One criticism of the SUPPORT study was that it did not make clear that the risk of side effects — which included blindness and death — might differ depending on which group the babies are assigned to, according to Public Citizen, a consumer advocacy group.
Instead, the consent forms state the following (or something very similar): "because all of the treatments proposed in this study are standard of care, there is no predictable increase in risk for your baby."
Lois Shepherd, a professor of biomedical ethics at the University of Virginia Health System, said at the meeting that it is important for researchers to be transparent about the reasons they are doing a study, what they know right now and what they hope to find out. Researchers should explain that the purpose of the trial is to find out if there's a difference between treatments, Shepherd said.
"If the intervention affects the health of the individual in a certain way, then any difference in that is going to be important for the individual to know about," Shepherd said.
In the SUPPORT study, the consent forms stated that high oxygen levels are known to increase the risk of blindness, but did not mention that low oxygen levels might increase the risk of death, which was ultimately a finding of the study. Researchers involved in the SUPPORT study said that, at the study's start, there was no way of knowing that oxygen levels within the range already used today could increase the risk of death. Public Citizen says that studies done in the past suggested that low oxygen levels might increase the risk of death.
Many experts who spoke at the meeting agreed that a similar study conducted in New Zealand, called BOOST, did a better job than the U.S. study of explaining the purpose of the oxygen research. The New Zealand consent forms explained that the purpose of the study was to see if oxygen levels on the lower extreme of what is used in care today could reduce the risk of blindness without increasing the risk of death and disability.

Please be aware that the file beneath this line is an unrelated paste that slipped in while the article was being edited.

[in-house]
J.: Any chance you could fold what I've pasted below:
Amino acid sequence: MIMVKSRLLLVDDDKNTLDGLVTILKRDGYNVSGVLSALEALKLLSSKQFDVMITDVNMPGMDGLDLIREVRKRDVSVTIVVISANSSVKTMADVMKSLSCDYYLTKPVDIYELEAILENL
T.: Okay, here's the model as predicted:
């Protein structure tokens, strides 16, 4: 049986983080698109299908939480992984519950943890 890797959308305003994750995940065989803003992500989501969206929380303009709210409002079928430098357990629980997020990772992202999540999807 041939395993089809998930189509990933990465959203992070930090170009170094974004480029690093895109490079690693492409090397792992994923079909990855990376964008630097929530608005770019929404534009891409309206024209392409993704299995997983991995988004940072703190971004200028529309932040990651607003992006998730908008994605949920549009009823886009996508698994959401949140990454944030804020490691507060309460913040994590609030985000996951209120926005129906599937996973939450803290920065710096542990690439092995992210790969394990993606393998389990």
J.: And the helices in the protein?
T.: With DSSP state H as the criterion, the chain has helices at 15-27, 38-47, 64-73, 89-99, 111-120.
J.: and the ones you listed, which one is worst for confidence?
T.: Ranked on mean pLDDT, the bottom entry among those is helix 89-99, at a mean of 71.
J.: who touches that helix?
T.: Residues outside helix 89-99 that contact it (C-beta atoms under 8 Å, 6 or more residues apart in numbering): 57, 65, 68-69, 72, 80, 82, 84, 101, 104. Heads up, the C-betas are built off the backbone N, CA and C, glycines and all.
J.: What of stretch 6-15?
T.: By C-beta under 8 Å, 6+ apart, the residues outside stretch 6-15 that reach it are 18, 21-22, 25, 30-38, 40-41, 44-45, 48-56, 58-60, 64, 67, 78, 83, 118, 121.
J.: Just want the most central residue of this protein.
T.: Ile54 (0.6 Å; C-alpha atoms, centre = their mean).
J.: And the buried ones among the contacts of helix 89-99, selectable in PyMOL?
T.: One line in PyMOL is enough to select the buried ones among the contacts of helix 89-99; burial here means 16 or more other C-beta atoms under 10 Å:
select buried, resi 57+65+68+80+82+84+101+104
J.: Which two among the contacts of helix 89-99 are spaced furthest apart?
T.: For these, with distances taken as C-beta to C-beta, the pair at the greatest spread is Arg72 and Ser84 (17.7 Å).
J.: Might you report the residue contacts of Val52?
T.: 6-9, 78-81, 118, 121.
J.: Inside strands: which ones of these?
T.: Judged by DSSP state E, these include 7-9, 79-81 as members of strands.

Drawbacks of "standard of care"
Others who spoke at the meeting stressed that studies of the standard of care — the care doctors already use today — are important because, in many situations, doctors don't know which method of care is the best. They use their best judgment, but this may be based on their experience or preference, rather than hard evidence.
In situations like these, "Your doctor is guessing. When you let doctors guess, they make more mistakes. They need data, we need data, to drive our decision-making," Dr. Jeffrey Drazen, editor-in-chief of The New England Journal of Medicine, told LiveScience in an interview before the meeting.
What's more, when doctors recommend a treatment, they don't always discuss all the risks of that treatment, or mention alternatives, said Nancy Kass, a bioethics professor at the John Hopkins Bloomberg School of Public Health. Thus, patients who enter a research trial, in which all the risks are thoroughly laid out, may think that the trial is risker than their regular care, Kass said. But in fact, some studies suggest that patients enrolled in clinical trials do better overall than patients who aren’t. [10 Medical Myths that Just Won't Go Away]
Researchers should state the risks of a given study, but "We also want to say, had you not been in this study, you would have gotten one [treatment] or the other, without really knowing which one is better," Kass said.
Menikoff said the agency will consider the statements made during Wednesday's meeting as it develops more rigorous guidance for the informed consent process.